The critical wine world is changing, which meant a bishop to queen moves over at The Wine Advocate.
For those who want to delay clicking on that link to Mr. Asimov's story in the New York Times, the short of it is that Mr. Parker is continuing his segue into semi-retirement. He has passed his California point baton. Advocate reviewer, Antonio Galloni, now not only scores on Champagne and Italy but has added California and is replacing David Schildknecht in the Cote D'Or, sparking rumors (unsubstantiated) that he has become an investor in the influential newsletter.
For Burgundy drinkers, David losing the region is a shame.
With that previous appointment in 2007, Parker had blessed the appellation with a thoughtful taster, and I believe he brought a sense of seriousness to the Advocate, and notes that were more important than points.
If AG needs a crash course in the complex area of Burgundy, he'll get an education in the old and the important this weekend, as he is sitting at the heavy duty table #1 at La Paulée, along with Jay McInerny, the power collector/real estate crew, and Aubert de Villaine. Meanwhile, the state of California is a twitter that this means the lack of points power to help them sell their wines. People have summoned up my name, as if I have a stake in this, as if I wrote a book on Parker, when instead I wrote a book about how the popularity of his palate effected my own personal wine world, this is a distinction I'd love people to understand. But I do find myself thinking that the end of Parker's actual influence in California will be interesting to watch. Why should a 100pt score do the heavy lifting for the marketers. Maybe the end result will be better wine?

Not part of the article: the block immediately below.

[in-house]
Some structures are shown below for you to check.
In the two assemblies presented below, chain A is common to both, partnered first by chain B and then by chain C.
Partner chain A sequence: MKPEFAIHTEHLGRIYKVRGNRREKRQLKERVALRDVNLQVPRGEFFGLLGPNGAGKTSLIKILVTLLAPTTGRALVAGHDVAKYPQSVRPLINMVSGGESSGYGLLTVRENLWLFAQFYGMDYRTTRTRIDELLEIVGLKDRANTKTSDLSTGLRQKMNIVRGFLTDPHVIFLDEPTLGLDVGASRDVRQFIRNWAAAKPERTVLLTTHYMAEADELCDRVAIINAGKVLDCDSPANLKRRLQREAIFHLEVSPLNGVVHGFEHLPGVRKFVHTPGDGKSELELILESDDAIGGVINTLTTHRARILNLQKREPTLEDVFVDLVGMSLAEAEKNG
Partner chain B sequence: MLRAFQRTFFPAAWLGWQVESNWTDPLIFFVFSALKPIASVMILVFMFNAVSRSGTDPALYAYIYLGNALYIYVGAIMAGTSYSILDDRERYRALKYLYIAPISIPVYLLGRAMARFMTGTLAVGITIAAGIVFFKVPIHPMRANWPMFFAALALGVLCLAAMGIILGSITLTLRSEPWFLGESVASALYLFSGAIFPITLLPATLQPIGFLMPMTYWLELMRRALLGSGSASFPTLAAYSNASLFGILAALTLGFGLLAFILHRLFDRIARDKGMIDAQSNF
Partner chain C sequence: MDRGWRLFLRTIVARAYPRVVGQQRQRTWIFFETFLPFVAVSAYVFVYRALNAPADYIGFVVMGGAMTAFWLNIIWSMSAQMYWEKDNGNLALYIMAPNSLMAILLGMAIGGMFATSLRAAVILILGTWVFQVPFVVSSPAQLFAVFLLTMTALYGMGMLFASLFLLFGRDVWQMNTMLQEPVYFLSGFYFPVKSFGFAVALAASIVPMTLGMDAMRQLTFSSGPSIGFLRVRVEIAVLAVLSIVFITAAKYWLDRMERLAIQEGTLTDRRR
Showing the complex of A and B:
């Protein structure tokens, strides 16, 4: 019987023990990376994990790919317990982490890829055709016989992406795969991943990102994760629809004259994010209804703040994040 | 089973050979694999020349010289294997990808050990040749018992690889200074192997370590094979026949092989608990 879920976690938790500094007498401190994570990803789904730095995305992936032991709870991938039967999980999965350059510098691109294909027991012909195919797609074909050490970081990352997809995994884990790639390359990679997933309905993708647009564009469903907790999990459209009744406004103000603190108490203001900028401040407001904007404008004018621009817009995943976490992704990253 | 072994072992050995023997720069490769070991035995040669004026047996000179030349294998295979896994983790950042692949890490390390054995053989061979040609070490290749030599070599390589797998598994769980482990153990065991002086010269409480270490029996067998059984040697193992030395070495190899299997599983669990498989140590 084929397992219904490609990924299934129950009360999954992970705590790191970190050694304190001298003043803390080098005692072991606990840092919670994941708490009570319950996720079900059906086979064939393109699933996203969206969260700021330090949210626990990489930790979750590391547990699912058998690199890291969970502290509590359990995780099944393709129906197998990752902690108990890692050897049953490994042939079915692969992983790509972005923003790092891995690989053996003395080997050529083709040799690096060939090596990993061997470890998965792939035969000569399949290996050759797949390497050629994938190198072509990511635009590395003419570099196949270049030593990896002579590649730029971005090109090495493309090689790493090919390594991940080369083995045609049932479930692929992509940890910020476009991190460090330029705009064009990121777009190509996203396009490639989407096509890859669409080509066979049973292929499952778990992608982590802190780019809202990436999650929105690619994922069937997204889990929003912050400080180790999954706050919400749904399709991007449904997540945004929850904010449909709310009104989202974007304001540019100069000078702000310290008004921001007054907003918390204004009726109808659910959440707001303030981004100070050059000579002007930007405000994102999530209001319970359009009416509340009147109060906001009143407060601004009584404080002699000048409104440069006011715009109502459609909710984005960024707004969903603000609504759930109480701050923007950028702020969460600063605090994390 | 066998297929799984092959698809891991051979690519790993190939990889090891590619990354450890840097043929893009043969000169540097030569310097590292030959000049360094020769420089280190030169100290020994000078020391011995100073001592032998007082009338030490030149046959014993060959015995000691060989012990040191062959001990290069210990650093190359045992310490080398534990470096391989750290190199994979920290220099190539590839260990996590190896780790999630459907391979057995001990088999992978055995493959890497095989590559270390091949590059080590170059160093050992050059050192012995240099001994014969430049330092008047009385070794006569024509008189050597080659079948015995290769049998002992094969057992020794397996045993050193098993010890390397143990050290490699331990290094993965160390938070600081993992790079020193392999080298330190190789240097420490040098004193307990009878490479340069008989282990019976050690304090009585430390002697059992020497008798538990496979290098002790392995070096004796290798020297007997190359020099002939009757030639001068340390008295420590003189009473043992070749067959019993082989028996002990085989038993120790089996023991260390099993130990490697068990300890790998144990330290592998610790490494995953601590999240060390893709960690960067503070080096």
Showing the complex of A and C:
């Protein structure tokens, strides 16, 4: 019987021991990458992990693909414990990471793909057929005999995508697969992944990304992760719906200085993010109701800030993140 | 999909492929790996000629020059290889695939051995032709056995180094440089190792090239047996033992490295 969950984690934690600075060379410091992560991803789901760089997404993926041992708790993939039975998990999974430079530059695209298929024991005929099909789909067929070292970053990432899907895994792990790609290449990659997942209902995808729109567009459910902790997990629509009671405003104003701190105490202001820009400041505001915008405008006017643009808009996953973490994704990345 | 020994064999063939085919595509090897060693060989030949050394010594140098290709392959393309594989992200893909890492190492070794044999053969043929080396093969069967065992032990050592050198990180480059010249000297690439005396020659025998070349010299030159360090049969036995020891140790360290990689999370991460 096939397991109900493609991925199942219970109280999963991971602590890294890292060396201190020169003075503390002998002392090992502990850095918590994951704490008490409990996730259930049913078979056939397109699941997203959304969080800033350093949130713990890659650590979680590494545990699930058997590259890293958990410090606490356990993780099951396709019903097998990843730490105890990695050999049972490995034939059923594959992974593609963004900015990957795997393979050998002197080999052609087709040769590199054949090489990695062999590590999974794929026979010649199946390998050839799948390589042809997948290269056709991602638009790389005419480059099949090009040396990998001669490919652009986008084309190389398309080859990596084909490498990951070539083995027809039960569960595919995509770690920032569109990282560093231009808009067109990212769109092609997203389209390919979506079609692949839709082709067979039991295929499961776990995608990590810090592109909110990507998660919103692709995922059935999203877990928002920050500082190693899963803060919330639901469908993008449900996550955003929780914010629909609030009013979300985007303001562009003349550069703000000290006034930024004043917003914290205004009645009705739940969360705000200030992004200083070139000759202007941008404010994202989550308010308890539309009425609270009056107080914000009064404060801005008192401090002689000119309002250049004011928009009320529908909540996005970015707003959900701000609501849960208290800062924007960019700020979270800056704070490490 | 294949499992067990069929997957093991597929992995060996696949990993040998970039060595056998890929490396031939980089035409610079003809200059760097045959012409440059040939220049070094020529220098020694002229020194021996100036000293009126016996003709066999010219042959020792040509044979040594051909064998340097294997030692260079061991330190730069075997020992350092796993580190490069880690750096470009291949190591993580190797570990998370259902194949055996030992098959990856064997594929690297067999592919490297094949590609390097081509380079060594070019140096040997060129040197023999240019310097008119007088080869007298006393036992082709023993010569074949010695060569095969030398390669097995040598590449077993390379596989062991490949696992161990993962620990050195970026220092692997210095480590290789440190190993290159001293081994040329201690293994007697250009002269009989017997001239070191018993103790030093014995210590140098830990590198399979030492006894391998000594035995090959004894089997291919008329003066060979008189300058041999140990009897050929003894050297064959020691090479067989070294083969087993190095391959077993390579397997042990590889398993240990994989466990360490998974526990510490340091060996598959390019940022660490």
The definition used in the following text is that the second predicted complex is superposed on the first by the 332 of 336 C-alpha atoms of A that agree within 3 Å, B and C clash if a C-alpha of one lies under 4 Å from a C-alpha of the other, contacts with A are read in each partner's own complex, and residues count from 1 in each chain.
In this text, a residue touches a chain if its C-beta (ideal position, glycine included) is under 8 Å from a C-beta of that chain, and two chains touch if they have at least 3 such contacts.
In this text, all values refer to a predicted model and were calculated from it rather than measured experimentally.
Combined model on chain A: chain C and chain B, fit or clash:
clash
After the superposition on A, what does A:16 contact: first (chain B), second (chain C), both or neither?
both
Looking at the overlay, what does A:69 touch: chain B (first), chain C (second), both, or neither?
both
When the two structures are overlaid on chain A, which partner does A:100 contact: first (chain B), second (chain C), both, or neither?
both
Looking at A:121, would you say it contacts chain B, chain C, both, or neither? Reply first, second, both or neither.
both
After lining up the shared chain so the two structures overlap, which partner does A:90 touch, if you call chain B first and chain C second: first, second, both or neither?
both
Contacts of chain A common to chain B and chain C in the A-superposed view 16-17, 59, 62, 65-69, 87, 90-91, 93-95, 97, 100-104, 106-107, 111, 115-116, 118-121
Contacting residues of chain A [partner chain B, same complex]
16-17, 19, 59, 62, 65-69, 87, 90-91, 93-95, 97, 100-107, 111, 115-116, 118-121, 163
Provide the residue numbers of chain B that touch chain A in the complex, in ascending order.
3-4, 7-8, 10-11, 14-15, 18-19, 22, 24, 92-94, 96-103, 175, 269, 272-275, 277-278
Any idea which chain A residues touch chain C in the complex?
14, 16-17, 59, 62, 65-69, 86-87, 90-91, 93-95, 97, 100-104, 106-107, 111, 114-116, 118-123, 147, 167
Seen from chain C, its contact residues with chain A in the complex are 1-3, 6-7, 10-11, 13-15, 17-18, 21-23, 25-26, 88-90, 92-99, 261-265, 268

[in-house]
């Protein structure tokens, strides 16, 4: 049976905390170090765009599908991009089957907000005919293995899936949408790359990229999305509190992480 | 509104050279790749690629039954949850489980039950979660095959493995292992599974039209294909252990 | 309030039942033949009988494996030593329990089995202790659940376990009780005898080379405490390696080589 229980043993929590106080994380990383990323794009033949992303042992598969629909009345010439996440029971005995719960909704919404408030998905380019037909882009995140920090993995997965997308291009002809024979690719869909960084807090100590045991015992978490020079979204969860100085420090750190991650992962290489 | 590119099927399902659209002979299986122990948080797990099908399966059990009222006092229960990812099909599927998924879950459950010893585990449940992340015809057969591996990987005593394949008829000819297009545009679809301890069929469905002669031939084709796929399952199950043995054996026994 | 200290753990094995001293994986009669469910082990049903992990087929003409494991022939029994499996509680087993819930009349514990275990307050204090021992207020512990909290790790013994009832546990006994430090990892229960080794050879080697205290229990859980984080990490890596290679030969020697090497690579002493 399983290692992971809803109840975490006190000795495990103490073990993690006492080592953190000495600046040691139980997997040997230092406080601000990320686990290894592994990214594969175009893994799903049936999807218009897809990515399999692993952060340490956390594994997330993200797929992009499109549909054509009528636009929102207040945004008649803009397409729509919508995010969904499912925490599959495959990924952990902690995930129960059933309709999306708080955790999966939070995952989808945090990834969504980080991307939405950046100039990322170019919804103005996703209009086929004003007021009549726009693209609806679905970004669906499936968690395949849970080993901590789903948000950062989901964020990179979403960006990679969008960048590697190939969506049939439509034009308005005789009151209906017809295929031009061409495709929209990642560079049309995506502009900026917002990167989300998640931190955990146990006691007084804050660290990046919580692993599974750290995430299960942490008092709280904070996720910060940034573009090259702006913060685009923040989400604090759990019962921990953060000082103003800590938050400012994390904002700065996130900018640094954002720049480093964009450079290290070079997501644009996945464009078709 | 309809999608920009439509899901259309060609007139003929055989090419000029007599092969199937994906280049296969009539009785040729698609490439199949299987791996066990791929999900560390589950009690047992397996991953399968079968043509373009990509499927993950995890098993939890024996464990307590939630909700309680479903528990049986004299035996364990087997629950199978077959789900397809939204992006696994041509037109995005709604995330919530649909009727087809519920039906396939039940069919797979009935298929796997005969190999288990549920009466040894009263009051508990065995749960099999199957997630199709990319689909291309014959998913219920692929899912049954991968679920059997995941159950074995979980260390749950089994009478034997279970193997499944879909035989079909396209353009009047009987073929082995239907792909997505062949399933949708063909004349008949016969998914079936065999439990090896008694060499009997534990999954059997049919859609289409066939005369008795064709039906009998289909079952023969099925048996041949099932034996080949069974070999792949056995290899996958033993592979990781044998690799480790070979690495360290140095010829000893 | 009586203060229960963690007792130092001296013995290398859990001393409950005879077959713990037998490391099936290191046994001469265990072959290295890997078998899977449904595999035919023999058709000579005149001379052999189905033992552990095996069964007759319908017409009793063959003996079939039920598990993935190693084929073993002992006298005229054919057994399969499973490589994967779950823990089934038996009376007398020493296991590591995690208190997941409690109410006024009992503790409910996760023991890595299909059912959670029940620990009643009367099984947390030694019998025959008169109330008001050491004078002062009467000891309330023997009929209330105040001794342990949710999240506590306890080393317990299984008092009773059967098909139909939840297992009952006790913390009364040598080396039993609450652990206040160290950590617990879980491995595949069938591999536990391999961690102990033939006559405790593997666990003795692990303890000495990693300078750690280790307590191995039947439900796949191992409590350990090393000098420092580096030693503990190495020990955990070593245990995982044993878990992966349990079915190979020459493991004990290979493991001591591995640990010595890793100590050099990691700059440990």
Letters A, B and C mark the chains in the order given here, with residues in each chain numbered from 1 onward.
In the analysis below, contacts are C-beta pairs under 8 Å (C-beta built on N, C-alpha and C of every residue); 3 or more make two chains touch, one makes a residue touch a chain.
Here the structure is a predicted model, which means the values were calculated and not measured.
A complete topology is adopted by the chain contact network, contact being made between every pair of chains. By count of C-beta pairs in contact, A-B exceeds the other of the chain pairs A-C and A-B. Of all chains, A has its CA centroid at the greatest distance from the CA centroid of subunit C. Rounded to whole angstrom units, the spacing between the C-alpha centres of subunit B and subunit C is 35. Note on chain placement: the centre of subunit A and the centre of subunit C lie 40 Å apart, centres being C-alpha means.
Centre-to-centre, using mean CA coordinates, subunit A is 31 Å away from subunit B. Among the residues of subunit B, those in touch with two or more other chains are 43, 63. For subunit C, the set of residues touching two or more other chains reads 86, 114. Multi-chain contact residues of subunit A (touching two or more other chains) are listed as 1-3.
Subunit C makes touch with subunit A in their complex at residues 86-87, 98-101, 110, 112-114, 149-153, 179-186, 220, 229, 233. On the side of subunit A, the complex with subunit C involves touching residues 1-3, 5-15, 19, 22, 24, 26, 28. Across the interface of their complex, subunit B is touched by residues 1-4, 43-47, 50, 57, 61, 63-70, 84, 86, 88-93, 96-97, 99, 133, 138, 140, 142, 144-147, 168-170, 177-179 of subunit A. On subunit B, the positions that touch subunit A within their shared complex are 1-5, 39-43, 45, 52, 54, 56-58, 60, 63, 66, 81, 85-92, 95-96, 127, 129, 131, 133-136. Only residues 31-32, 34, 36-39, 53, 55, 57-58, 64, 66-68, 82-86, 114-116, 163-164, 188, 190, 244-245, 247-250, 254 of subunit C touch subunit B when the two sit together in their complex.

Anyway, much ado about nothing.
Parker was a wine force unlike anything else we are likely to see in the near future. The time is over for one specific powerful voice.
To survive, The Wine Advocate will have to reinvent itself, it will no longer be known for a certain kind of wine, Bob's wine, and for better or worse, that was its strength. As to what is next? Good luck to them.
I think what I wrote in "My Date With Bob," Chapter in The Battle still stands as relevant.
It is very possible that the new appointees could broaden or actually devalue the meaning of those points. The schizoid opinions of these diverse palates could well push many Parkerphiles to Paxil as they angsted over a deep identity crisis. Were they supposed to like these wines or not?
Perhaps Parker himself was saving the world from Parkerization. Maybe the wine world didn’t need my help after all.